Councils could be prevented from restricting adult social care to meeting people’s ‘critical’ care needs by a legal challenge brought on behalf of five disabled people.
Councils could be prevented from only funding service users’ critical care needs under a test case that could result in thousands of older and disabled people gaining access to care.
West Berkshire Council, one of three councils with a critical threshold, along with Northumberland and Wokingham, is being challenged by five severely disabled residents currently denied the support they need in a challenge supported by the charity Mencap.
They are being represented by solicitors Irwin Mitchell, which successfully overturned moves to raise eligibility thresholds by Birmingham and Isle of Wight councils last year. While those cases succeeded because the two authorities failed to adequately assess the impact of the increased rationing of care on affected service users, this latest challenge focuses on the legality of setting a critical threshold itself.
Councils with critical thresholds do not provide formal care and support to meet people’s ‘substantial’ needs; these include an inability to carry out the majority of personal care tasks, or to undertake the majority of family or social roles, or suffering, or being at risk of, abuse or neglect, as opposed to serious abuse or neglect.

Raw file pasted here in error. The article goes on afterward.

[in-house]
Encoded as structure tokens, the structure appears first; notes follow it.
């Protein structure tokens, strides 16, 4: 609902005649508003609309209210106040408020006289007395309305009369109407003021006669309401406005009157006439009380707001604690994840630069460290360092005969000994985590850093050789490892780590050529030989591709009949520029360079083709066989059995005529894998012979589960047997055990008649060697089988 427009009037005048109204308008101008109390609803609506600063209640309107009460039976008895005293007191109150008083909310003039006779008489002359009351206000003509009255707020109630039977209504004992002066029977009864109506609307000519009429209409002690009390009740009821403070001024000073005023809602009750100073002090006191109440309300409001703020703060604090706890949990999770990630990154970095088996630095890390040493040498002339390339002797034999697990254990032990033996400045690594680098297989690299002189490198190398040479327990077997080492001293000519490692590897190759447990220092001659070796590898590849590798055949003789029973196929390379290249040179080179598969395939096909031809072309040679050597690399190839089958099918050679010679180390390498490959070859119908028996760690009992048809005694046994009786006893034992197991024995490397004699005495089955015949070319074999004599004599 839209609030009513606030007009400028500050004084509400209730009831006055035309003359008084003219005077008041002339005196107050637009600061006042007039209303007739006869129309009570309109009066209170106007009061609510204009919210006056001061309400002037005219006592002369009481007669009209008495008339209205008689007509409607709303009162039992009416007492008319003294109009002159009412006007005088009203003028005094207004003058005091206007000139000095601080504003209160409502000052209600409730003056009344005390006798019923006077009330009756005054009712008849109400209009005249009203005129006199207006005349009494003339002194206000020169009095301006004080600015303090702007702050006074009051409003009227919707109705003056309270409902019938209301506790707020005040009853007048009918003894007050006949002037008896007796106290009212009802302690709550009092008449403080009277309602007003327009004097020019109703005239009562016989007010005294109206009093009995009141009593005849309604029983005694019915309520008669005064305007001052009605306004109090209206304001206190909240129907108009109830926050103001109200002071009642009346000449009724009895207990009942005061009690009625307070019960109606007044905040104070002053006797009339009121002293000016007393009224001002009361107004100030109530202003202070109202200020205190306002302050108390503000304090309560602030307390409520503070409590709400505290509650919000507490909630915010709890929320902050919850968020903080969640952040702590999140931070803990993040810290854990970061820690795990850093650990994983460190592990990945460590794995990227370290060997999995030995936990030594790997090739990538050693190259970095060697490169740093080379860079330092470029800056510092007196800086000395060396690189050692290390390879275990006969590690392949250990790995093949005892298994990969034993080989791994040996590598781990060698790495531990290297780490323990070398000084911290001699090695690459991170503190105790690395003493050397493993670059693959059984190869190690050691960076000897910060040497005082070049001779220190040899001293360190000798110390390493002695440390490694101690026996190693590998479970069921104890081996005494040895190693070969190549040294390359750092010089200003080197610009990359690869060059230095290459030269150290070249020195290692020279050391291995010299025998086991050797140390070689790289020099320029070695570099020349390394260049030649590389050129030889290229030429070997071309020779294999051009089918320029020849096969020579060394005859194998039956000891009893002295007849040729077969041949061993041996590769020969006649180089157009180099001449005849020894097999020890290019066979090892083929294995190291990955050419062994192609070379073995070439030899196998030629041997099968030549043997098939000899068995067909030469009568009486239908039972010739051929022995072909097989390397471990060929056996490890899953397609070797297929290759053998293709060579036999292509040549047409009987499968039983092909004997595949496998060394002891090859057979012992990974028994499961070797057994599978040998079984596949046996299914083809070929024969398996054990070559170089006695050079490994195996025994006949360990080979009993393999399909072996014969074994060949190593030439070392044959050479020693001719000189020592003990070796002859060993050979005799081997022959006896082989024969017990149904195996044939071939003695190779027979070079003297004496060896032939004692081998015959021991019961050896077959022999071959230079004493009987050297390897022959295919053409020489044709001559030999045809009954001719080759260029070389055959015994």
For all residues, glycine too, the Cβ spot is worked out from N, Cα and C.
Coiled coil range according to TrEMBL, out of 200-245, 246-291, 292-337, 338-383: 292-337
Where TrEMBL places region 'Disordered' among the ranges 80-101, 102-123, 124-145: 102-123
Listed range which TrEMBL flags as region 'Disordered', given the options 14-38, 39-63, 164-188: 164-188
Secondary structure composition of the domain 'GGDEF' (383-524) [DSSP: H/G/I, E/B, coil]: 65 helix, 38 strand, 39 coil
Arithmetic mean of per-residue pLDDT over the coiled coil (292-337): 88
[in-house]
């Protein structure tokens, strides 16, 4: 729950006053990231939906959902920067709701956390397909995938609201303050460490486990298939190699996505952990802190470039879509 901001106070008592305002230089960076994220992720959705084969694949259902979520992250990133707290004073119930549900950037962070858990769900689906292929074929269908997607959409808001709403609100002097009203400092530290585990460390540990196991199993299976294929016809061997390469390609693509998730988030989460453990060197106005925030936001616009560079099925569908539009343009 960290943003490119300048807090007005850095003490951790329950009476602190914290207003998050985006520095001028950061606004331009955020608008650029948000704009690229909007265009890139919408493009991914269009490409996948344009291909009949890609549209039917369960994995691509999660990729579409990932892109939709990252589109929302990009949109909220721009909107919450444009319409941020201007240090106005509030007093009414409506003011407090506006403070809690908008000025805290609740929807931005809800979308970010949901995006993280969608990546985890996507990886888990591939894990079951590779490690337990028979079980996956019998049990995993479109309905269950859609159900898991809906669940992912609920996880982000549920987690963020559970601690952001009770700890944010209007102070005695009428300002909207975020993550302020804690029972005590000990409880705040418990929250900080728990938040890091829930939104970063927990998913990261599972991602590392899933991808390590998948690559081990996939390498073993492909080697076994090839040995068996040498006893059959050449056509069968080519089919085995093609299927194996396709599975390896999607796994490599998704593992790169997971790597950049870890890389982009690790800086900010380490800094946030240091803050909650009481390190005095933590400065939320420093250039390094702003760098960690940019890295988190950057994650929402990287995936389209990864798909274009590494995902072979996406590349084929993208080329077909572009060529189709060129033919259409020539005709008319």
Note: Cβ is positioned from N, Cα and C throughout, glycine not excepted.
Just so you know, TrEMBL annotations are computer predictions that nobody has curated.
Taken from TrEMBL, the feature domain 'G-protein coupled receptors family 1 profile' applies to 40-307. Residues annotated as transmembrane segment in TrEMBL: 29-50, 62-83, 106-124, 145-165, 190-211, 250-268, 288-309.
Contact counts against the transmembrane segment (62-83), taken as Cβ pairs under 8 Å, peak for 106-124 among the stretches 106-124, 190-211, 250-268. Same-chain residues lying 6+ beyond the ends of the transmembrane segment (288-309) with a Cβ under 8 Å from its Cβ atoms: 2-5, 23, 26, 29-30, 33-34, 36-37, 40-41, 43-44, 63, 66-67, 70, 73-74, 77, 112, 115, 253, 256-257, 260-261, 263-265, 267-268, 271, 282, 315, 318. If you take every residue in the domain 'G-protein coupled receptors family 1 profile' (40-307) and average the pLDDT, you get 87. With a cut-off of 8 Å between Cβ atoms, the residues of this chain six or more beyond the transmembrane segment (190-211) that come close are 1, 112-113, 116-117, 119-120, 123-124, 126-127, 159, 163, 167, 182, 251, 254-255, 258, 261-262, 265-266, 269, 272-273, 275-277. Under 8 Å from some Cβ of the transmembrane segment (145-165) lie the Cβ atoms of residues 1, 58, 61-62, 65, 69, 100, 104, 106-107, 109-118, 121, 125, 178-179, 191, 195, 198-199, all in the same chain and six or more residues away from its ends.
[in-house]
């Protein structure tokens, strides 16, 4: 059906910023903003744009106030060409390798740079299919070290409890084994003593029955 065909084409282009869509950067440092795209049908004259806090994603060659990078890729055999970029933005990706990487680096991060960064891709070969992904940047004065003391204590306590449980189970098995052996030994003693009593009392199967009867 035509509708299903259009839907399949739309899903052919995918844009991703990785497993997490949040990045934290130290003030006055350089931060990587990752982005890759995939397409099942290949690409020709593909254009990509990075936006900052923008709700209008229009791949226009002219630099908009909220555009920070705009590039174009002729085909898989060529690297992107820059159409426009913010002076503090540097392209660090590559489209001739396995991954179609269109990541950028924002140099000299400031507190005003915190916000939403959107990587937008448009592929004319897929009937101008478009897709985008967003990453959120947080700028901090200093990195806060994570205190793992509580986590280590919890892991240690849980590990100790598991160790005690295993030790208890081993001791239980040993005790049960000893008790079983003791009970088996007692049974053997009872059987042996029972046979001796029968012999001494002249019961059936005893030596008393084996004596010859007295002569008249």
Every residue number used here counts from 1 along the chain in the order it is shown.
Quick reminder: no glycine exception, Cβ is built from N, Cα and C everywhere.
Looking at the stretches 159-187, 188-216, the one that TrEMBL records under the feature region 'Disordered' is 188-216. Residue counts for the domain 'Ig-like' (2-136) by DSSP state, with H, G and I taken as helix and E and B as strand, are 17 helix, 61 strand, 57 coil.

The five clients are:-
“Many severely disabled people across the country rely heavily on the support that is offered by social care services, but not all of those fall under the umbrella of what is deemed ‘critical’. This policy in West Berkshire leaves our clients and possibly thousands of others both potentially vulnerable to harm and isolated from their local communities.”
West Berkshire Council has declined to comment while the case is ongoing.
What is the basis of the challenge?
Irwin Mitchell argues that the critical threshold is in breach of section 2 of the Chronically Sick and Disabled Persons Act 1970, which places a duty on councils to provide a range of community care and support services for disabled people where local authorities determine that such provision is necessary in order to meet the needs of a disabled person.
In a landmark judgement in 1997 (R v Gloucestershire County Council, ex parte Barry), the House of Lords ruled that councils could take their resources into account in applying section 2.
However, in setting out the judgement, Lord Nicholls of Birkenhead said that councils needed to act in a “responsible fashion” and treat disabled people “reasonably”. Irwin Mitchell will contend that setting a critical threshold is unreasonable and that the judges in the Barry case could not have envisaged that their judgement could have been used to justify such a threshold.
The Fair Access to Care Services guidance, which established the four-band eligibility framework for adult social care (critical, substantial, moderate, low), came into force in 2003, six years after the Barry judgement.
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